A shivering of worlds.
Deep in the Chalk, something is stirring. The owls and the foxes can sense it, and Tiffany Aching feels it in her boots. An old enemy is gathering strength.
This is a time of endings and beginnings, old friends and new, a blurring of edges and a shifting of power. Now Tiffany stands between the light and the dark, the good and the bad.
As the fairy horde prepares for invasion, Tiffany must summon all the witches to stand with her. To protect the land. Her land.
There will be a reckoning…
Genre(s): MG/YA, Fantasy, Coming-of-Age
Series: Discworld #41, Tiffany Aching #5
Published by HarperCollins on September 1, 2015
➤ Content warnings (click to show)
major character death(s), grief, domestic abuse, child abuse, infant neglect, misogyny, classism, speciesism, sadism, implications of torture, non-graphic violence, death threats
As some of you (mostly meaning Meeghan, but probably a few others too) may know, I’ve been on a journey to read all the Discworld novels. I’ve finally done it: The Shepherd’s Crown is the 41st and final book in the series — and Sir Terry Pratchett’s final book, full stop.
I’d heard that this one was not quite finished (i.e., complete but not polished) but is nonetheless a poignant goodbye to Discworld and the author. That turned out to be accurate; while I can’t pinpoint anything that’s specifically missing, it does feel a little different from the rest of the series, and not just because it’s the ending of endings. Still, it’s satisfying in a literary sense, bringing closure to several arcs while hinting at where the story and characters might go in the future.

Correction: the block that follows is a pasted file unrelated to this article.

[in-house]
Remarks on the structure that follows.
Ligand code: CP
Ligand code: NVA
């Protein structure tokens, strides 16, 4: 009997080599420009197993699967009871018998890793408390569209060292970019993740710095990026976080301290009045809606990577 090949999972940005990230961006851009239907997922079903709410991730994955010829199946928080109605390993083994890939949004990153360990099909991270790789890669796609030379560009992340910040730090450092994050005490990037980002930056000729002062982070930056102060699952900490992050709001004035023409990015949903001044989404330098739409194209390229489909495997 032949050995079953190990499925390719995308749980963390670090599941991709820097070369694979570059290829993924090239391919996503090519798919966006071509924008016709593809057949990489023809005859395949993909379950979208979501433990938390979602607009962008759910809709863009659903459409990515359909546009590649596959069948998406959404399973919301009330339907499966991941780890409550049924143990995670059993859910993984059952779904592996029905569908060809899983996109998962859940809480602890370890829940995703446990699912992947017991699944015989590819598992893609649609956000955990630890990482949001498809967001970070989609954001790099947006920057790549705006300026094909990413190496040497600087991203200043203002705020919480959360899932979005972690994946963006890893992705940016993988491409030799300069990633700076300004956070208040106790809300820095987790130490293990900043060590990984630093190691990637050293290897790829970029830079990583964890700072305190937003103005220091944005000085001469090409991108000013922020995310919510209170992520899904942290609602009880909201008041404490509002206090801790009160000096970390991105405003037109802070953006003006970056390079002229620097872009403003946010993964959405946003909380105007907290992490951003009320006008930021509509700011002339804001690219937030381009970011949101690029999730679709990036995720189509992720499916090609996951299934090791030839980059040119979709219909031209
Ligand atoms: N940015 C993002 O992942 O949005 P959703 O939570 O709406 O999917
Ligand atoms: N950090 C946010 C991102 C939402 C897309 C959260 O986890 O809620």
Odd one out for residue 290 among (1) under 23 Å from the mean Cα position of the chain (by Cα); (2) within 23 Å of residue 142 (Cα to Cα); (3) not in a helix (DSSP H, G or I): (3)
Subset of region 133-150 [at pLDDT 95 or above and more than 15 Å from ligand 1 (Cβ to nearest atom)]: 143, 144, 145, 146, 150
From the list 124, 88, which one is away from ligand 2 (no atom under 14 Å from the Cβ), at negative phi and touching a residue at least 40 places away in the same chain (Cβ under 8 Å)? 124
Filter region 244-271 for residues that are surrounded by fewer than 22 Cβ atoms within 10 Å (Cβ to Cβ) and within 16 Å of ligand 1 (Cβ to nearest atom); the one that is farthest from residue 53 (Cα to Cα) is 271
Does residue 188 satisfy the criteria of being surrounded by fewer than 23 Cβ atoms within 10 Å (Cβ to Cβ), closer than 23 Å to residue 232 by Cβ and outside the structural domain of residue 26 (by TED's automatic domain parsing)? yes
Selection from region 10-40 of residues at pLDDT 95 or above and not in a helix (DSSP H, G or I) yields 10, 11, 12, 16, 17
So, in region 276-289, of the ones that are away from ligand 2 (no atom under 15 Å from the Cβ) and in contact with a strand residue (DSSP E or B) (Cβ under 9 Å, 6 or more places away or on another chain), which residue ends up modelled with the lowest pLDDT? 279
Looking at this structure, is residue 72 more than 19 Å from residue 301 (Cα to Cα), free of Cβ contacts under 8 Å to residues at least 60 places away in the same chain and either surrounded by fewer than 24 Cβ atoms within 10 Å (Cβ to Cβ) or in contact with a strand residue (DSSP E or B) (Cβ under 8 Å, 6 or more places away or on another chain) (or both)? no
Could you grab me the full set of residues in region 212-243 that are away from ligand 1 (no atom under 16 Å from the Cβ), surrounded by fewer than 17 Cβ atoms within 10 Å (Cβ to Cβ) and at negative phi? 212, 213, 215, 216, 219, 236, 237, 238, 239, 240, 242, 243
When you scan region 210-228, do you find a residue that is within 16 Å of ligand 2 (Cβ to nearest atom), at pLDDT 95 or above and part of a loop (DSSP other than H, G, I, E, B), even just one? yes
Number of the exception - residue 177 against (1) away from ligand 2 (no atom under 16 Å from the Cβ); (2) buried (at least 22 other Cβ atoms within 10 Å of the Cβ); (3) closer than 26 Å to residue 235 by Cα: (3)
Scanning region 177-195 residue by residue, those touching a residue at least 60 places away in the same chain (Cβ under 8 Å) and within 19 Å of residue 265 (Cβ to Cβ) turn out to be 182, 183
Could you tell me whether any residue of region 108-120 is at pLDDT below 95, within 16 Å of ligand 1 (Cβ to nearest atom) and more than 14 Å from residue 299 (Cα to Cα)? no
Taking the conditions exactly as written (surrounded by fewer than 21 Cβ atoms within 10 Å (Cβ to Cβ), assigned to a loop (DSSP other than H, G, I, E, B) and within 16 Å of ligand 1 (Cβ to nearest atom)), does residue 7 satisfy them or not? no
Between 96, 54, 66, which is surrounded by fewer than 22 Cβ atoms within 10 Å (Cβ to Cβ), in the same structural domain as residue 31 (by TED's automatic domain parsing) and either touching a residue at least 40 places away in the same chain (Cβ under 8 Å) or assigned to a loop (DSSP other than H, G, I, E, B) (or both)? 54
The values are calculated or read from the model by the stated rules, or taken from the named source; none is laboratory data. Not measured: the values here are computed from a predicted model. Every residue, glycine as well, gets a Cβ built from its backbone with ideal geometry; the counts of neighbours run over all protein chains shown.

Personally I have always loved the passing the torch trope, when it’s done well. (Tropedia informs me that maybe I should instead be describing the situation as take up my sword, but — as is so often the case with Pratchett books — it’s kind of complicated. Anyway.) Not to get into spoilers, but it does feel like the natural next step for Tiffany Aching. And it’s depicted so thoughtfully, with nuance and complication. It would’ve been so easy to make Tiffany a Mary Sue, with her power and her noble values, yet her characterization keeps her relatably human to the very last page.
I don’t really love the old enemy returns trope, which again is just personal preference. (It’s one of the reasons I prefer the odd-numbered Artemis Fowl books.) That said, I think that at least it’s thematically fitting, through the lens of cycles, growth, callbacks to previous books. I also wasn’t completely happy with how the final showdown turns out, but then again I rarely am, and it doesn’t seem fair to pass judgment when, again, this wouldn’t have been the final version.
Speaking of callbacks: I was delighted by all the cameos from the extensive Discworld cast, featured in different books. How perfectly fitting for this last book and for a reckoning that could change the universe.